Benjamin Britten

(Critical Survey of Contemporary Fiction)

Humphrey Carpenter’s biography of Benjamin Britten carefully documents the composer’s journey from a pampered childhood, through a rather miserable public school career, his struggles for musical acceptance, and his self-doubts about his personal life, to the recognition that honored his last years. Referencing diaries, letters, and extensive interviews with those who knew him, Carpenter scrupulously tries to gain a consensus from his sources about Britten’s personal life, particularly his ambivalence about his homosexuality.

Carpenter makes the case that Britten’s great operas, PETER GRIMES, BILLY BUDD, THE TURN OF THE SCREW, and DEATH IN VENICE, all address the issues most pressing in the composer’s life: the plight of the social outcast and his lifelong preoccupation with the theme of endangered innocence. The source of these thematic interests were his own possible sexual victimization as a child and his sense of alienation because of his homosexuality, conscientious objector status during World War II, leftist politics, and status as misunderstood modern composer.

Despite these obstacles, Britten managed to find a secure and lasting relationship with tenor Peter Pears, his companion of thirty-seven years, for whom much of his music was written. In his middle and later years, he also gained public recognition through the annual Alderburgh arts festival and his commission to write GLORIANA, an opera celebrating the coronation of Queen Elizabeth in 1953.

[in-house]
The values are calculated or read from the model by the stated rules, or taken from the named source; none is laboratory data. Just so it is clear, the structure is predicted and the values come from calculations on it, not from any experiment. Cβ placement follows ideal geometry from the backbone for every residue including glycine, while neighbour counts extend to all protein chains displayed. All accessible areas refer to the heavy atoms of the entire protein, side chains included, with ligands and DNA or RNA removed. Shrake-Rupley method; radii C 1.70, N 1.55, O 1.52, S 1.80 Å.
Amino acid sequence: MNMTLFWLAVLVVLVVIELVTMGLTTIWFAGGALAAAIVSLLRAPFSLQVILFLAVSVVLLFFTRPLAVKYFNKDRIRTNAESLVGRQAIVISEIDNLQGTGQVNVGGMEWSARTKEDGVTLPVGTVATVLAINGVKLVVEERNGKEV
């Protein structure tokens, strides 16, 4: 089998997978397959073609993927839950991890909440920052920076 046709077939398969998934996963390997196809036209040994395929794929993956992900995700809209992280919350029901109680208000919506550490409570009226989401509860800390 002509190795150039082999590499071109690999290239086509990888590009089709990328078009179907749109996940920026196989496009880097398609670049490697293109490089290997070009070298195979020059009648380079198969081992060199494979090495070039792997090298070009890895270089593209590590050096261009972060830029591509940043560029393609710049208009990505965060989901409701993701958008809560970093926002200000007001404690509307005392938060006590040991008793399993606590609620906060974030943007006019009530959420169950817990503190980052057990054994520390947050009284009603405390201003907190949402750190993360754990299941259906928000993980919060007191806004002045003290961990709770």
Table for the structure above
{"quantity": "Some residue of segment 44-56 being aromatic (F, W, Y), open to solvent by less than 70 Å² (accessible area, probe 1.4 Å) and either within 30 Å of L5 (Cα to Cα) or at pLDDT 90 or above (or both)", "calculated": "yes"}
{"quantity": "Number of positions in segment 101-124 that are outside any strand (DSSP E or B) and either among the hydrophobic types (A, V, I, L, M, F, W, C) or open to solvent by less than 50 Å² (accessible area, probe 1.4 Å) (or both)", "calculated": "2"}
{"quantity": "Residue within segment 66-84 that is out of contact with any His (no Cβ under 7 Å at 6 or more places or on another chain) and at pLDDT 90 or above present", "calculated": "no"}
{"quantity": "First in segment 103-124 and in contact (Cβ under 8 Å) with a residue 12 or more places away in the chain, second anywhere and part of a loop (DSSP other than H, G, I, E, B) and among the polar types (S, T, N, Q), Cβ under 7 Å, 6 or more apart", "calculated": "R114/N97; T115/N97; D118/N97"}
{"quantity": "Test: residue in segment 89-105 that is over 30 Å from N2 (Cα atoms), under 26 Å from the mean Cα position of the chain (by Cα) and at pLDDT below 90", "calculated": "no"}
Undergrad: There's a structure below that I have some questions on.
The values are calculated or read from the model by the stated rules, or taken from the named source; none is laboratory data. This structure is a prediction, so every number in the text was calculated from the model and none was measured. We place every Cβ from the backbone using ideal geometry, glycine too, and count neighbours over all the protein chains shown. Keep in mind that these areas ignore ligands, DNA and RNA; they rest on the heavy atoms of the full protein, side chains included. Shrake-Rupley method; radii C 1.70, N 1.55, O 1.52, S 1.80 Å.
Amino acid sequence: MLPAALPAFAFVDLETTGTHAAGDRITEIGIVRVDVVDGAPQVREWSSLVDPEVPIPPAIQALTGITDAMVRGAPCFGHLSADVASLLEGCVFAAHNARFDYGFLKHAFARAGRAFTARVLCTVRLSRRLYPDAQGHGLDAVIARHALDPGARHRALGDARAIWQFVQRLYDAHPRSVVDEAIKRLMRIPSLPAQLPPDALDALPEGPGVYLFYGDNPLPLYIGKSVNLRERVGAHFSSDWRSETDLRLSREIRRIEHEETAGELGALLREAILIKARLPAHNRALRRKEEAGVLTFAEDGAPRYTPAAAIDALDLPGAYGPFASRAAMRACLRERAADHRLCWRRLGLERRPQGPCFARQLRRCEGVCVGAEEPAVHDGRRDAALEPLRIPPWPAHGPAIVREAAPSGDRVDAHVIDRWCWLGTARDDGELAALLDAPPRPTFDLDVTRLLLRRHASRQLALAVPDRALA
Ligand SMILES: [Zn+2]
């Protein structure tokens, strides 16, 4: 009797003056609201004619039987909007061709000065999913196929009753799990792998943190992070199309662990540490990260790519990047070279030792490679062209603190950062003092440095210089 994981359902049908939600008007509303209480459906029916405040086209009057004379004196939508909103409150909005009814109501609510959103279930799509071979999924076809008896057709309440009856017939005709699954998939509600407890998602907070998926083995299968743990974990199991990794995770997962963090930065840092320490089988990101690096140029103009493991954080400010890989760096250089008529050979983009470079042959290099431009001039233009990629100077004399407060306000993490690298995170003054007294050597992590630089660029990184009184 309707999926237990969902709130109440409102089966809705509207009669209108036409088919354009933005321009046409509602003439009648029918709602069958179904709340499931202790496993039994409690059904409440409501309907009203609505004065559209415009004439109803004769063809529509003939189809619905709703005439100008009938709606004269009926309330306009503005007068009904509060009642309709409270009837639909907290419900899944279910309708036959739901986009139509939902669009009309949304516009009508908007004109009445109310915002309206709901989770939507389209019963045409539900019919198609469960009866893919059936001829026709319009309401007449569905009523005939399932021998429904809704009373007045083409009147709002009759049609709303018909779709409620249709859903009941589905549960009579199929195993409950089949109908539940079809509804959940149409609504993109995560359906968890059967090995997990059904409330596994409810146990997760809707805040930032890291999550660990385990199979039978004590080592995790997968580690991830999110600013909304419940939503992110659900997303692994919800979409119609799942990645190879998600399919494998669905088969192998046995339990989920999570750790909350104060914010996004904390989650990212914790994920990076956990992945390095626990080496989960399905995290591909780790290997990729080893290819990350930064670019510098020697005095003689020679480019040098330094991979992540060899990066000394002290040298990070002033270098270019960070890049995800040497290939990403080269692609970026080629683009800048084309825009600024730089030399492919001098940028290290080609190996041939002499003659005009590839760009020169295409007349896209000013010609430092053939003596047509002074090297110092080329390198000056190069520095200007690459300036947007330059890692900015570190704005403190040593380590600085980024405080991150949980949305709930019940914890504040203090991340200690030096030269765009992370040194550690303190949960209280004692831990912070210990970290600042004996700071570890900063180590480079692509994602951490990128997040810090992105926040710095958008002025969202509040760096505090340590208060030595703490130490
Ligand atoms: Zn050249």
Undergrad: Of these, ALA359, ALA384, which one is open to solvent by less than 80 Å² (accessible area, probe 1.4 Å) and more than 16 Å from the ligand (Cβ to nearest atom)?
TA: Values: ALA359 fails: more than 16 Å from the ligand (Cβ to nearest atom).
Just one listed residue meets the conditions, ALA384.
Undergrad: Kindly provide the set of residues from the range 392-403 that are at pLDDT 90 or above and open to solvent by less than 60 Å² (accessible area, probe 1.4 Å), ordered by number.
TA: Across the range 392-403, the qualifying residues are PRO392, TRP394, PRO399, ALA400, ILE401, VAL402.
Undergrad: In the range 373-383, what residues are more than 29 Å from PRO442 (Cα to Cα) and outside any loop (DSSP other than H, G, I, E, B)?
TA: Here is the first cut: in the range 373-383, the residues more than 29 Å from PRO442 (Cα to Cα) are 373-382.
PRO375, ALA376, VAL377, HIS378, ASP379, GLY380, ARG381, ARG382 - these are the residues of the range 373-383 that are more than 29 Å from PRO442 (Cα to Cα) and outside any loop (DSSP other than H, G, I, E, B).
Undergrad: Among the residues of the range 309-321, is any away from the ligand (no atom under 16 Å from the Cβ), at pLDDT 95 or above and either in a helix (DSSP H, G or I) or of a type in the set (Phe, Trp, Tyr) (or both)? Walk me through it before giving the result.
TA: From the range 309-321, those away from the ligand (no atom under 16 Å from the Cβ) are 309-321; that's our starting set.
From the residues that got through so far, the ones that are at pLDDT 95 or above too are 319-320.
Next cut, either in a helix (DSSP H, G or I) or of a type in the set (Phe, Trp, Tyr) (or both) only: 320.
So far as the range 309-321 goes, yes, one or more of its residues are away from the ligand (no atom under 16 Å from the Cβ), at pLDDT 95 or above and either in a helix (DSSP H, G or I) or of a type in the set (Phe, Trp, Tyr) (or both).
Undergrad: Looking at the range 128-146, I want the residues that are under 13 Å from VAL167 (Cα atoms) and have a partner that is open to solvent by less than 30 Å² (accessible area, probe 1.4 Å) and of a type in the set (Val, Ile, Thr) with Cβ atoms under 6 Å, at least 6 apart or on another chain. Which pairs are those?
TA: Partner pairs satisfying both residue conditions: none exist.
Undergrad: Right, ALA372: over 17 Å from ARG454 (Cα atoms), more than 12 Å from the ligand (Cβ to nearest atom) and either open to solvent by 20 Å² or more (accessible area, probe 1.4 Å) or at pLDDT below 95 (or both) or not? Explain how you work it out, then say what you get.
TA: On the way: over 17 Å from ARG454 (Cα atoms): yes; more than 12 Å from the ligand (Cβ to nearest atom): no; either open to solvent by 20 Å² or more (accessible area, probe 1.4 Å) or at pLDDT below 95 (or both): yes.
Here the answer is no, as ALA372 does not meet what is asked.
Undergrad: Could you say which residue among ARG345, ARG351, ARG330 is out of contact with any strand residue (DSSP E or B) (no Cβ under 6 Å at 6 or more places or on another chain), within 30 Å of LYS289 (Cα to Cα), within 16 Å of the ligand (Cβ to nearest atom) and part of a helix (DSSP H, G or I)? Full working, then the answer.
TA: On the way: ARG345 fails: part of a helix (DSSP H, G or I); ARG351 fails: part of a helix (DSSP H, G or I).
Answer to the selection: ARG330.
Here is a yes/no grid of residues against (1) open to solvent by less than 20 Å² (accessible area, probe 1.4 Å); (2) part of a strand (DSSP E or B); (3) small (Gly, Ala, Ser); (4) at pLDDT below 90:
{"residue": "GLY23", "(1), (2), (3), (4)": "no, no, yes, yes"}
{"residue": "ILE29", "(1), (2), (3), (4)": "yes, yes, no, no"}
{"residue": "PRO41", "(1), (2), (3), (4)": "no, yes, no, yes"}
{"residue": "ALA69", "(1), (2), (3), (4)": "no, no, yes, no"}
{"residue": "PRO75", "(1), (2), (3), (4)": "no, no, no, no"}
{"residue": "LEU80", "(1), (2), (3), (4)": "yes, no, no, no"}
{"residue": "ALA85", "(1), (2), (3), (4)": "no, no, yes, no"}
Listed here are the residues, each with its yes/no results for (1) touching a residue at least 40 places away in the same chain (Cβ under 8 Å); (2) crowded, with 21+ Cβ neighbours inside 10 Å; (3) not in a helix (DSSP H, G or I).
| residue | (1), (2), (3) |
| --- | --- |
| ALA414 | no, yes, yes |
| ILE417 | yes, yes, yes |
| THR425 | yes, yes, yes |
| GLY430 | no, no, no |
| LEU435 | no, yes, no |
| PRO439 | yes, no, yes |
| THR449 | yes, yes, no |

Carpenter’s biography contains so much information of such varying degrees of importance that the reader might well miss the forest for the trees. One would like less minutiae and broader assessment of Britten’s musical contribution and greatness; nevertheless, the book provides a wealth of information and a fascinating life story.

Sources for Further Study

The Economist. CCCXXV, October 10, 1992, p.112.

Library Journal. CXVIII, June 15, 1993, p.70.

London Review of Books. XV, February 11, 1993, p.3.

The Manchester Guardian Weekly. CXLVII, October 11, 1992, p.29.

The New York Times Book Review. XCVIII, July 11, 1993, p.9.

The New Yorker. LXIX, July 5, 1993, p.86.

The Observer. September 27, 1992, p.51.

Opera News. LVIII, October, 1993, p.56.

Publishers Weekly. CCXL, May 10, 1993, p.64.

The Spectator. CCLXIX, October 3, 1992, p.28.

The Times Literary Supplement. November 13, 1992, p.5.

The Washington Post Book World. XXIII, June 20, 1993, p.8.